Read more about drugs that cause hearing loss.
COVID-19 'long-haulers' with dizziness and balance problems
Some coronavirus patients have reported prolonged illnesses and atypical symptoms, dubbed "covid long-haulers." In a survey of nearly 650 long-haulers, about one-third experienced earaches and two-thirds had dizziness and vertigo. Only one patient reported hearing loss. There seemed to be "no predictable pattern" as to when or why someone might experience these symptoms, notes the research summary on the topic.
Hearing loss and the vaccines
What about hearing loss and vaccines? After combing through the CDC's Vaccine Adverse Events Reporting System, no link was found between sudden hearing loss and vaccination, according to researchers from the department of otolaryngology-head and neck surgery at the Johns Hopkins University School of Medicine. The rate of sudden hearing loss appears to actually be lower among vaccinated people, though researchers say cases could be under-reported and that their data is a preliminary analysis. The results were published in a research letter in the medical journal JAMA Otolaryngology–Head and Neck Surgery.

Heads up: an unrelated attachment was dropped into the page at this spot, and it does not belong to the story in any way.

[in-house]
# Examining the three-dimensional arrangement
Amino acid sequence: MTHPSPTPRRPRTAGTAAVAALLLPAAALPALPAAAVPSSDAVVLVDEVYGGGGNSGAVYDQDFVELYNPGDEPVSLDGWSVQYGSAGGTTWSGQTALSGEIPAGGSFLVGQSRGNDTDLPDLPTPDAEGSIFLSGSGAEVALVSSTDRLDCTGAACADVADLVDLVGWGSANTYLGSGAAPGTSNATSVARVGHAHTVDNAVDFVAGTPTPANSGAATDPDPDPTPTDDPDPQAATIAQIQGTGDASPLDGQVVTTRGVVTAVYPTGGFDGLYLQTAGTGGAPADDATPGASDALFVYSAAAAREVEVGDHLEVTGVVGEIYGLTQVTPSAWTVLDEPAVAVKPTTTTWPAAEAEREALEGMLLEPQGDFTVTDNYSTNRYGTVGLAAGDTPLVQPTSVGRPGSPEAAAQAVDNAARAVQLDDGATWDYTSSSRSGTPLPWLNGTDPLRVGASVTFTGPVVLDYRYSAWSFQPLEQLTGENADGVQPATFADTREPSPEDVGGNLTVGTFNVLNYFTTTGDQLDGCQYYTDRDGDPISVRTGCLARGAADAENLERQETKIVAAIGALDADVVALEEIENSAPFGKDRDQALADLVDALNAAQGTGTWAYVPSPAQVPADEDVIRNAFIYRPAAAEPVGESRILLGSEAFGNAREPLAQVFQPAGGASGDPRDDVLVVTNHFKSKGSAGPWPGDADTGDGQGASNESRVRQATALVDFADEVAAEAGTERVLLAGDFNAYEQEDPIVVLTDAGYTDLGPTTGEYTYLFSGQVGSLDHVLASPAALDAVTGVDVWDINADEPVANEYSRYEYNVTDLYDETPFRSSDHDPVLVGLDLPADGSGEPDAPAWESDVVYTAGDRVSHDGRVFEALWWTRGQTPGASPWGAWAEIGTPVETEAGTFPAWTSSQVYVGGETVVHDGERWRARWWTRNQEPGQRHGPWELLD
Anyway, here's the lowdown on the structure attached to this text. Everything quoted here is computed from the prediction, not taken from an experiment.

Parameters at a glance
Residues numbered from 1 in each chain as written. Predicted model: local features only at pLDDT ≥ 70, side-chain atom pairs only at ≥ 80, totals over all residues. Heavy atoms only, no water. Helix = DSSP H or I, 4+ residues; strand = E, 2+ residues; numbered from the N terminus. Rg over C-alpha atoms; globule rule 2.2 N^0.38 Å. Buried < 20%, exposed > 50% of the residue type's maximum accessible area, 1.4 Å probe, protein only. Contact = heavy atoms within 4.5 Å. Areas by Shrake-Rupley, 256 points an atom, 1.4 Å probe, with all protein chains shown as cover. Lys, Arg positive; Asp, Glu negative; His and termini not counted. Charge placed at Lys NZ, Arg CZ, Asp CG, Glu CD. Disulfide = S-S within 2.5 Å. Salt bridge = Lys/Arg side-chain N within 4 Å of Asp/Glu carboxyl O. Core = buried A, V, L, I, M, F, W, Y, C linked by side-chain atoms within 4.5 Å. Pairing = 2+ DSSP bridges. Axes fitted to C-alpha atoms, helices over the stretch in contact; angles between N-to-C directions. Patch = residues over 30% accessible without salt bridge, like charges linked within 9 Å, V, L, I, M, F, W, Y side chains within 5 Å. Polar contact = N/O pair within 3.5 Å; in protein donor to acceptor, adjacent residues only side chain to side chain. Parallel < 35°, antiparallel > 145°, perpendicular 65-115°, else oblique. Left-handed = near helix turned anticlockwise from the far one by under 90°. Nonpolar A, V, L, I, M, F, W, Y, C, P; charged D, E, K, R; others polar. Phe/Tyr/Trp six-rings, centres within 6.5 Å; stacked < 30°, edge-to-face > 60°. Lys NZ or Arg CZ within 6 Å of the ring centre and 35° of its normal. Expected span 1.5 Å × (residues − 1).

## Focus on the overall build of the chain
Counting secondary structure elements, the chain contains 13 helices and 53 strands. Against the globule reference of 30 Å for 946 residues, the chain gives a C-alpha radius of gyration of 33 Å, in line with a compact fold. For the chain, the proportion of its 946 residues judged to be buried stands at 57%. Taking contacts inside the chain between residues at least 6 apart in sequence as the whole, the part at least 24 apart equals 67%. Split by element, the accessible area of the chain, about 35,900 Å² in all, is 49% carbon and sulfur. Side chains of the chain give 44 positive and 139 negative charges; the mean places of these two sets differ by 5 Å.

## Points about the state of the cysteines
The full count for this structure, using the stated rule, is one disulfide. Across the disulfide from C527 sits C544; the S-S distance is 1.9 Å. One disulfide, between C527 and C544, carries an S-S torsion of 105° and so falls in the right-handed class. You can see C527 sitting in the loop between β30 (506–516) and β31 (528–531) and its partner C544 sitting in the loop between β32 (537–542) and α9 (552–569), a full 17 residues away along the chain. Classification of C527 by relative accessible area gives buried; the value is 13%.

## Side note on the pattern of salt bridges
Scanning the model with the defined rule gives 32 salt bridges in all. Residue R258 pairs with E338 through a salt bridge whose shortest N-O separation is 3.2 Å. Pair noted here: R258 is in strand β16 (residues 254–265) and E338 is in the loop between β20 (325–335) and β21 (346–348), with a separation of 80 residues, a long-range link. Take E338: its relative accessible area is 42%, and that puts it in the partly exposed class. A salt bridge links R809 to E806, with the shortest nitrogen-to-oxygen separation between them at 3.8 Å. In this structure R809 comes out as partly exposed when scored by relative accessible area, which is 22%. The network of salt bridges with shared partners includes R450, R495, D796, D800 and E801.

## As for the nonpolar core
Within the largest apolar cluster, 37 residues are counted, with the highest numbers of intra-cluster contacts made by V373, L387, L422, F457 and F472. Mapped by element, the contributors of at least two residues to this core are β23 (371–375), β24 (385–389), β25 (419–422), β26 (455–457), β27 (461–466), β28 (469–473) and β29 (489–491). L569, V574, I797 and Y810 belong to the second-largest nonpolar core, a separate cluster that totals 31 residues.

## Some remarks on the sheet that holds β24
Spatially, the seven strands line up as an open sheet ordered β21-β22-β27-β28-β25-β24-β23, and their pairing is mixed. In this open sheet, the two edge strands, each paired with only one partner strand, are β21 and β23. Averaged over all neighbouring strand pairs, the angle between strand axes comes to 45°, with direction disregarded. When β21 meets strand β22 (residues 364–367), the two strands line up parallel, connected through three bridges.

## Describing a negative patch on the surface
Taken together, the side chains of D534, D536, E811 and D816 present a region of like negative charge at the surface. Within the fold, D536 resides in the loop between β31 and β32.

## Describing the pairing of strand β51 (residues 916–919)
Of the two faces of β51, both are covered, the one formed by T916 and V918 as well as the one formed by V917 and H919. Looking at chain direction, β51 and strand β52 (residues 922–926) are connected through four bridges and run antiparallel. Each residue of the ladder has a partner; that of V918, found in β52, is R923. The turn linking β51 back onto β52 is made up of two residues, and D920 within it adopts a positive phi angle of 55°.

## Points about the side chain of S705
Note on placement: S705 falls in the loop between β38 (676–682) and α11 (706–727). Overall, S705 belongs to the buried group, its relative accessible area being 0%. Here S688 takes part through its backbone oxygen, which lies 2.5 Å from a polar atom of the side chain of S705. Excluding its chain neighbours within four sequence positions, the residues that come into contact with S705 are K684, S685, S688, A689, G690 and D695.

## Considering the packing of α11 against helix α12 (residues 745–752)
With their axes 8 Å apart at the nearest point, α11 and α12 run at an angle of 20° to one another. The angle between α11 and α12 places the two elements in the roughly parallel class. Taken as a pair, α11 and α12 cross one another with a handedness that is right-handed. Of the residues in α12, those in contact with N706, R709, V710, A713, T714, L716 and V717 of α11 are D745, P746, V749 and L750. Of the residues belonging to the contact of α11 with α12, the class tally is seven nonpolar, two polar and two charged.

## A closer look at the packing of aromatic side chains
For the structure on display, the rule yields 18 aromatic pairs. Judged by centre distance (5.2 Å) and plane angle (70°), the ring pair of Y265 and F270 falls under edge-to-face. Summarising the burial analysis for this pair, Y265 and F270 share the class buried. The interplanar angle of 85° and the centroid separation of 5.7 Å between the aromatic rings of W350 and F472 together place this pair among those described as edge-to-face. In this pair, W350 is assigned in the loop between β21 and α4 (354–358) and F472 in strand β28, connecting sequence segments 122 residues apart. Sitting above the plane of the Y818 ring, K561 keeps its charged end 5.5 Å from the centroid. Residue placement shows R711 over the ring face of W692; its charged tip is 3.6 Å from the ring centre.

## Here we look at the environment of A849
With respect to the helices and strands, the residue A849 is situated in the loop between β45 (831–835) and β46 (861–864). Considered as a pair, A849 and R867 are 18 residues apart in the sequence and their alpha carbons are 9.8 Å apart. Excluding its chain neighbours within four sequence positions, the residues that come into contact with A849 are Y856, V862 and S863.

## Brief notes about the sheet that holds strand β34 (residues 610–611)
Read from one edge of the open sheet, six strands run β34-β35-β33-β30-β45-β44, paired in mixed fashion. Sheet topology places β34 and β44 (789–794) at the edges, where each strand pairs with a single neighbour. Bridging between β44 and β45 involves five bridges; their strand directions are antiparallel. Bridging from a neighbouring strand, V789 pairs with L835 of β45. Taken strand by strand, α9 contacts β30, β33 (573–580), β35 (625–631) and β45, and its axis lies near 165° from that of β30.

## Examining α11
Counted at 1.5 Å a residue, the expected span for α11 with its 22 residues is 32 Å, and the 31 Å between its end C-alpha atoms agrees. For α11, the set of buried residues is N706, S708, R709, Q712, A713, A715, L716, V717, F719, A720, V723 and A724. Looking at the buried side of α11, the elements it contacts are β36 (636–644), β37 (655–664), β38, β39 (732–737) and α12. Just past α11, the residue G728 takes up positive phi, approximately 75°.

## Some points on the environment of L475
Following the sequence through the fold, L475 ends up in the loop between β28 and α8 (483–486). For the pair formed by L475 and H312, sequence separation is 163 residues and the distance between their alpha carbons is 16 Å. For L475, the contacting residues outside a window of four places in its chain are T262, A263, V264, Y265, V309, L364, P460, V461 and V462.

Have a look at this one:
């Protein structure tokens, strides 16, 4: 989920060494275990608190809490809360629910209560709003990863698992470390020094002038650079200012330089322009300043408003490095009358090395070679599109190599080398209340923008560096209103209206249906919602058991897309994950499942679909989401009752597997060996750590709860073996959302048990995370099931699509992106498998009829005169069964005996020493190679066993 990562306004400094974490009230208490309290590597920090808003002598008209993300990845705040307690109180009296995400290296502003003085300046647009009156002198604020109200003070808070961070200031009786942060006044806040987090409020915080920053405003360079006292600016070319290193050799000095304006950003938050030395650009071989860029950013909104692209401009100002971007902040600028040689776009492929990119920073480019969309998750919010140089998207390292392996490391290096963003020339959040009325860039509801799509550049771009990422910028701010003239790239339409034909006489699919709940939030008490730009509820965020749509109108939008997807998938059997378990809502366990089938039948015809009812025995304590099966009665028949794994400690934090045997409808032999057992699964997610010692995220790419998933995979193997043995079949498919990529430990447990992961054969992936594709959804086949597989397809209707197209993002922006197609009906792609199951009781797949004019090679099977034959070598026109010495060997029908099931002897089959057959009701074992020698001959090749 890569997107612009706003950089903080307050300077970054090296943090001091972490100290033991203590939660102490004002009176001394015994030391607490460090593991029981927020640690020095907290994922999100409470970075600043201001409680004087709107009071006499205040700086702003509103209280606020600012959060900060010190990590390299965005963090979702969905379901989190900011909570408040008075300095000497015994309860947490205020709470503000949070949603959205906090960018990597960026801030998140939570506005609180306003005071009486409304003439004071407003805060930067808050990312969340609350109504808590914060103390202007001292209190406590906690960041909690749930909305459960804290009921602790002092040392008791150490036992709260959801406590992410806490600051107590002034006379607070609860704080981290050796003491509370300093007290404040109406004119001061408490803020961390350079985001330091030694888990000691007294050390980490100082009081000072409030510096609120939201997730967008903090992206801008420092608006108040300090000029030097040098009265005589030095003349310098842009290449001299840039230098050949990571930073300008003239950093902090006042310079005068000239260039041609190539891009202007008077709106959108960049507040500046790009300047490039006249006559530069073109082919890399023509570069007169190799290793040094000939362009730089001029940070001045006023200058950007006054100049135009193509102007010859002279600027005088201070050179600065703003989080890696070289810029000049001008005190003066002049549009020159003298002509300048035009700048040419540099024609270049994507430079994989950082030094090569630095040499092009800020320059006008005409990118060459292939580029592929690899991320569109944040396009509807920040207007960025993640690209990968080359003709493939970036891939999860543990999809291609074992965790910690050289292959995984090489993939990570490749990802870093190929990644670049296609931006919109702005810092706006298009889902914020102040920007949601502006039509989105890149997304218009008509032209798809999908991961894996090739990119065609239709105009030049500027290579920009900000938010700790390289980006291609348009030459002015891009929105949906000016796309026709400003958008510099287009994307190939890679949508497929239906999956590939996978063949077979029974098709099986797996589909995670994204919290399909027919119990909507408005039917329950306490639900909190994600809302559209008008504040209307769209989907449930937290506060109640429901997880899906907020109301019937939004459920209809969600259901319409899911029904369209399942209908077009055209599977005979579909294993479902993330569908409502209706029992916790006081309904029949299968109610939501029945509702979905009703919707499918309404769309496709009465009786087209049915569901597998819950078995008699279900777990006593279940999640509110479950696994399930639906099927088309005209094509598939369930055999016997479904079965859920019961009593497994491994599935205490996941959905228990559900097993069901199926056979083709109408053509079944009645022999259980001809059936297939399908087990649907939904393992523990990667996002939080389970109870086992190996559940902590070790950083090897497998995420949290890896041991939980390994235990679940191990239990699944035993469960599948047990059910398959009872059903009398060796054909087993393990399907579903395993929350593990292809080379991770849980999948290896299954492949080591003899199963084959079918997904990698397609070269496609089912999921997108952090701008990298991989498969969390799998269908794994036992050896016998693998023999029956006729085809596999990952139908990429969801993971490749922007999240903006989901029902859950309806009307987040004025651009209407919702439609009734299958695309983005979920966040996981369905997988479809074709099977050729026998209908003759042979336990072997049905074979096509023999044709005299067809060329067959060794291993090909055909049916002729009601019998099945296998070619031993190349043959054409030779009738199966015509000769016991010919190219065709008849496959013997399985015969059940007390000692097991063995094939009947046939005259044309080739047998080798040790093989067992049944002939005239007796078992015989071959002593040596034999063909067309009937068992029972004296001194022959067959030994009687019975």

Bottom line on hearing loss and COVID
More research is needed before we fully understand how the coronavirus affects hearing and balance. We still don't know to what extent the coronavirus causes hearing loss, tinnitus or balance problems.
As the pandemic winds down and research shifts to long-term effects, we'll likely begin to learn more. Check back for updates.
Note: Information about the coronavirus pandemic is quickly evolving. If you have any concerns about coronavirus and your hearing, seek a healthcare provider's guidance.
More: Browse our full list of articles that discuss COVID-19, hearing loss and tinnitus.